Walmart recently announced a new labeling program that would help consumers identify healthy choices. The items must meet standards informed by dietary guidelines in line with the Food and Drug Administration (FDA), U.S. Department of Agriculture (USDA), and the Institute of Medicine (IOM). That’s sure to please any self-appointed food cop right? Wrong. Despite the program’s best efforts, it seems the usual food cop posse of Kelly BrownellMarion Nestle, and the Center for Science in the Public Interest (CSPI) isn’t satisfied.

CSPI put out a press release condemning the inclusion of eggs, which CSPI calls a “not-great-for-you” food. What century are we in, CSPI? The eggs-cholesterol thing was a big hubbub back in the 1970s. But there’s a difference between dietary cholesterol and blood cholesterol. As Harvard put it (in 2006): “Fact: Eggs are a good source of nutrients. … Myth: All that cholesterol goes straight to your bloodstream and then into your arteries.”

Brownell and Nestle both have ties to CSPI, so it’s no surprise they took a dim view of a proactive move. Brownell is the man behind the “Twinkie tax”, and he advocates “slapping high-fat, low-nutrition food with a substantial government ‘sin’ tax.” According to him, certain foods are too “convenient, accessible, good-tasting … and cheap.” It’s no wonder that he argues for more oversight and regulation on food labels. But his opposition to the new voluntary label because there has been “very little scientific input” is rather comical since Brownell himself pushes soda taxes as a way to induce weight loss while acknowledging that “nobody has been able to see how people will really respond under these conditions.”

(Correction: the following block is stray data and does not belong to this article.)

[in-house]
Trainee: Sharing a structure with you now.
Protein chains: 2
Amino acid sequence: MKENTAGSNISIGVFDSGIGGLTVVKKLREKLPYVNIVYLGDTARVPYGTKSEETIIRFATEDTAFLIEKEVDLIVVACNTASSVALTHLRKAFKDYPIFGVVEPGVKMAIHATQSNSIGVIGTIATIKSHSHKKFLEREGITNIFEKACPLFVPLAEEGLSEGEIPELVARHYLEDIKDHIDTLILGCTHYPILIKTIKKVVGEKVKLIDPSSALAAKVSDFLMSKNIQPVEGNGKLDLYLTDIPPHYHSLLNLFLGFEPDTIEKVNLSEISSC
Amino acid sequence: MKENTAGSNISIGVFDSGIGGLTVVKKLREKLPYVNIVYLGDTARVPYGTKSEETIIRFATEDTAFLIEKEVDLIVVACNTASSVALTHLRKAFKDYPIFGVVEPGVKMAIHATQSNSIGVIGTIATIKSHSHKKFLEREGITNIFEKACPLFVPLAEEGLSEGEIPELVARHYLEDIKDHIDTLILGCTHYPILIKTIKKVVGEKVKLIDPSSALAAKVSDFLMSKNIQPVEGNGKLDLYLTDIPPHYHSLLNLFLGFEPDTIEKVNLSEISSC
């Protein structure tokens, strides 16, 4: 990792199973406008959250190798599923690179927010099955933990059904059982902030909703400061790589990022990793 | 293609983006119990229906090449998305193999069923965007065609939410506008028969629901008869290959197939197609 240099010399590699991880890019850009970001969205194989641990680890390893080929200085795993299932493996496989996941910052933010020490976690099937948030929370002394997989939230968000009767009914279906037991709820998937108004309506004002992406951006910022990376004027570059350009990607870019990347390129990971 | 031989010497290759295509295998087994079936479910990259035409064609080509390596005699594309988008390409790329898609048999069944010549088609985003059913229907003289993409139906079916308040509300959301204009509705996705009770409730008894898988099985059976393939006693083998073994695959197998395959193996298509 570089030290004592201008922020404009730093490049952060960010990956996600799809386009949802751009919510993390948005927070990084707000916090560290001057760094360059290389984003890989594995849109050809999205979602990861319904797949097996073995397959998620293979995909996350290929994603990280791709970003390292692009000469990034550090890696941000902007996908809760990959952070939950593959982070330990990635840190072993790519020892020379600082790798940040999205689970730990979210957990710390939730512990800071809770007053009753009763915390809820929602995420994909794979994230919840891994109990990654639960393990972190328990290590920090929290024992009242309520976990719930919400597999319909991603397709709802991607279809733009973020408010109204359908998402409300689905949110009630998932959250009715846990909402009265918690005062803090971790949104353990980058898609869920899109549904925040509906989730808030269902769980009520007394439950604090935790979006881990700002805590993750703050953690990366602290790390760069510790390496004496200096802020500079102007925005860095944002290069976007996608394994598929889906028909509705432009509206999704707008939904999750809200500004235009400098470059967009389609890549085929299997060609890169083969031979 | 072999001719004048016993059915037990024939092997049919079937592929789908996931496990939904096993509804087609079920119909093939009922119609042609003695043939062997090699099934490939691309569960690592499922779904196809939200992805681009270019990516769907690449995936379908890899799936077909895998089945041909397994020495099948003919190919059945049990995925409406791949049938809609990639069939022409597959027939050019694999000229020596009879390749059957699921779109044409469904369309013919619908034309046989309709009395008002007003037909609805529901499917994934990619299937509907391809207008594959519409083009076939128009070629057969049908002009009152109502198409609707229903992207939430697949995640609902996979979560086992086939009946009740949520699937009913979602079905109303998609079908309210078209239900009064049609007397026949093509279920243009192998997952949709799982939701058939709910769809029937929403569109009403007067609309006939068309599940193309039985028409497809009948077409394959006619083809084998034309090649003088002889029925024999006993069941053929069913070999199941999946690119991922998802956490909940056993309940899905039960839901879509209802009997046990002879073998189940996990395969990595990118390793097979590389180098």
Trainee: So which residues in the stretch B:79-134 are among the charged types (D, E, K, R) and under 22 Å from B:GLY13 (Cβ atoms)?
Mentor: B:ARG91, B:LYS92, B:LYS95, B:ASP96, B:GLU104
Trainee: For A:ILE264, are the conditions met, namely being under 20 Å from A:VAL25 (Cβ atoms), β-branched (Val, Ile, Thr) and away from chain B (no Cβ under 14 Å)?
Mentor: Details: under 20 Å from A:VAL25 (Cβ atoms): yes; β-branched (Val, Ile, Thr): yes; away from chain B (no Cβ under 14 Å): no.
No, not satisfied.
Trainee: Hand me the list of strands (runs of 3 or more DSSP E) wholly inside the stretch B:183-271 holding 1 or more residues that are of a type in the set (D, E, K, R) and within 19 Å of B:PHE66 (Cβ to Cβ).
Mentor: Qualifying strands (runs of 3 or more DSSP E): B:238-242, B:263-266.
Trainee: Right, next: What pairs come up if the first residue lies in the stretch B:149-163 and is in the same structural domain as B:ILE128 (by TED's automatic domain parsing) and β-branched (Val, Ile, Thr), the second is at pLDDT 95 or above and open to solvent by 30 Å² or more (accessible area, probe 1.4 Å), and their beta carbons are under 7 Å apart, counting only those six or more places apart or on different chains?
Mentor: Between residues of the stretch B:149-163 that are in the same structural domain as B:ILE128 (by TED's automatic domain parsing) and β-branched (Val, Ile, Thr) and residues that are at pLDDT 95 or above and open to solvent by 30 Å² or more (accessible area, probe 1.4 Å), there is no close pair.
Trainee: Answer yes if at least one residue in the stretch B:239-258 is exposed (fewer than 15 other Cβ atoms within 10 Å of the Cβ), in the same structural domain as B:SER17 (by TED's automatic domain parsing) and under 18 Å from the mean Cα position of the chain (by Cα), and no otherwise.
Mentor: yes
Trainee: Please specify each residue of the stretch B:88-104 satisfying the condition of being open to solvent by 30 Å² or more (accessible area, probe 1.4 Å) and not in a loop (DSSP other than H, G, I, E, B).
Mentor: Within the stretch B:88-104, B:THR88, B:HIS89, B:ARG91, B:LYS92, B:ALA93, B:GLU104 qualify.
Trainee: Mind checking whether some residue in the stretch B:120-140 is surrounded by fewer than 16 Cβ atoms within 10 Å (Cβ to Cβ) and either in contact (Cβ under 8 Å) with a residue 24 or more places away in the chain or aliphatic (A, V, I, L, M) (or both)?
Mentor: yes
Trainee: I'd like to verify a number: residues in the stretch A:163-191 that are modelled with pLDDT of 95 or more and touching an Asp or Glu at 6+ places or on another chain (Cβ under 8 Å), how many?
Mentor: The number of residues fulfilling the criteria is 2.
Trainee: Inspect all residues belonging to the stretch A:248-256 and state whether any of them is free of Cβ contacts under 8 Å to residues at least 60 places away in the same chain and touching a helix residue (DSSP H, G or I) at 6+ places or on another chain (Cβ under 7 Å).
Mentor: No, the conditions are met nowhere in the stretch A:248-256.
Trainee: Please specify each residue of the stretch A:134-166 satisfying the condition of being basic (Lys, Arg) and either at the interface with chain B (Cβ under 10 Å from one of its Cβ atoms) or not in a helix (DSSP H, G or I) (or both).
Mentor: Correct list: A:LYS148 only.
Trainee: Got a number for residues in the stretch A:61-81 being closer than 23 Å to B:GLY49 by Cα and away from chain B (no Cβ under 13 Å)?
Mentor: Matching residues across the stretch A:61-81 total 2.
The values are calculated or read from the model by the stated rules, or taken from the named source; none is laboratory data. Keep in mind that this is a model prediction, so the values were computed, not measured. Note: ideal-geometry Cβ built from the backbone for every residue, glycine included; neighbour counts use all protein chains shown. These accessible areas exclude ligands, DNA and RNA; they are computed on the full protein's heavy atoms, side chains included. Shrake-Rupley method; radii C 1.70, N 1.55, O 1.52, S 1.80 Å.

Marion Nestle served on CSPI’s board for five years. She acknowledges that Walmart’s criteria are “pretty strict,” but showed concern because the labels might increase the sales of brand products. That makes sense coming from someone who is as much anti-corporate as she is “pro-nutrition.”

For these food cops it really isn’t about what is healthy but about what they say is healthy. They want to control the definition of “good” food and “bad” food. If CSPI had its way, eggs, canned veggies, apple juice, grape juice, and some fresh lean meats couldn’t be called good for you. Since Walmart’s criteria doesn’t fit with what CSPI wants, CSPI naturally draws the conclusion that the FDA should replace the voluntary labels with a federal labeling system. Creating a new mandatory food label is just another way for food cops to say, “The government knows best.”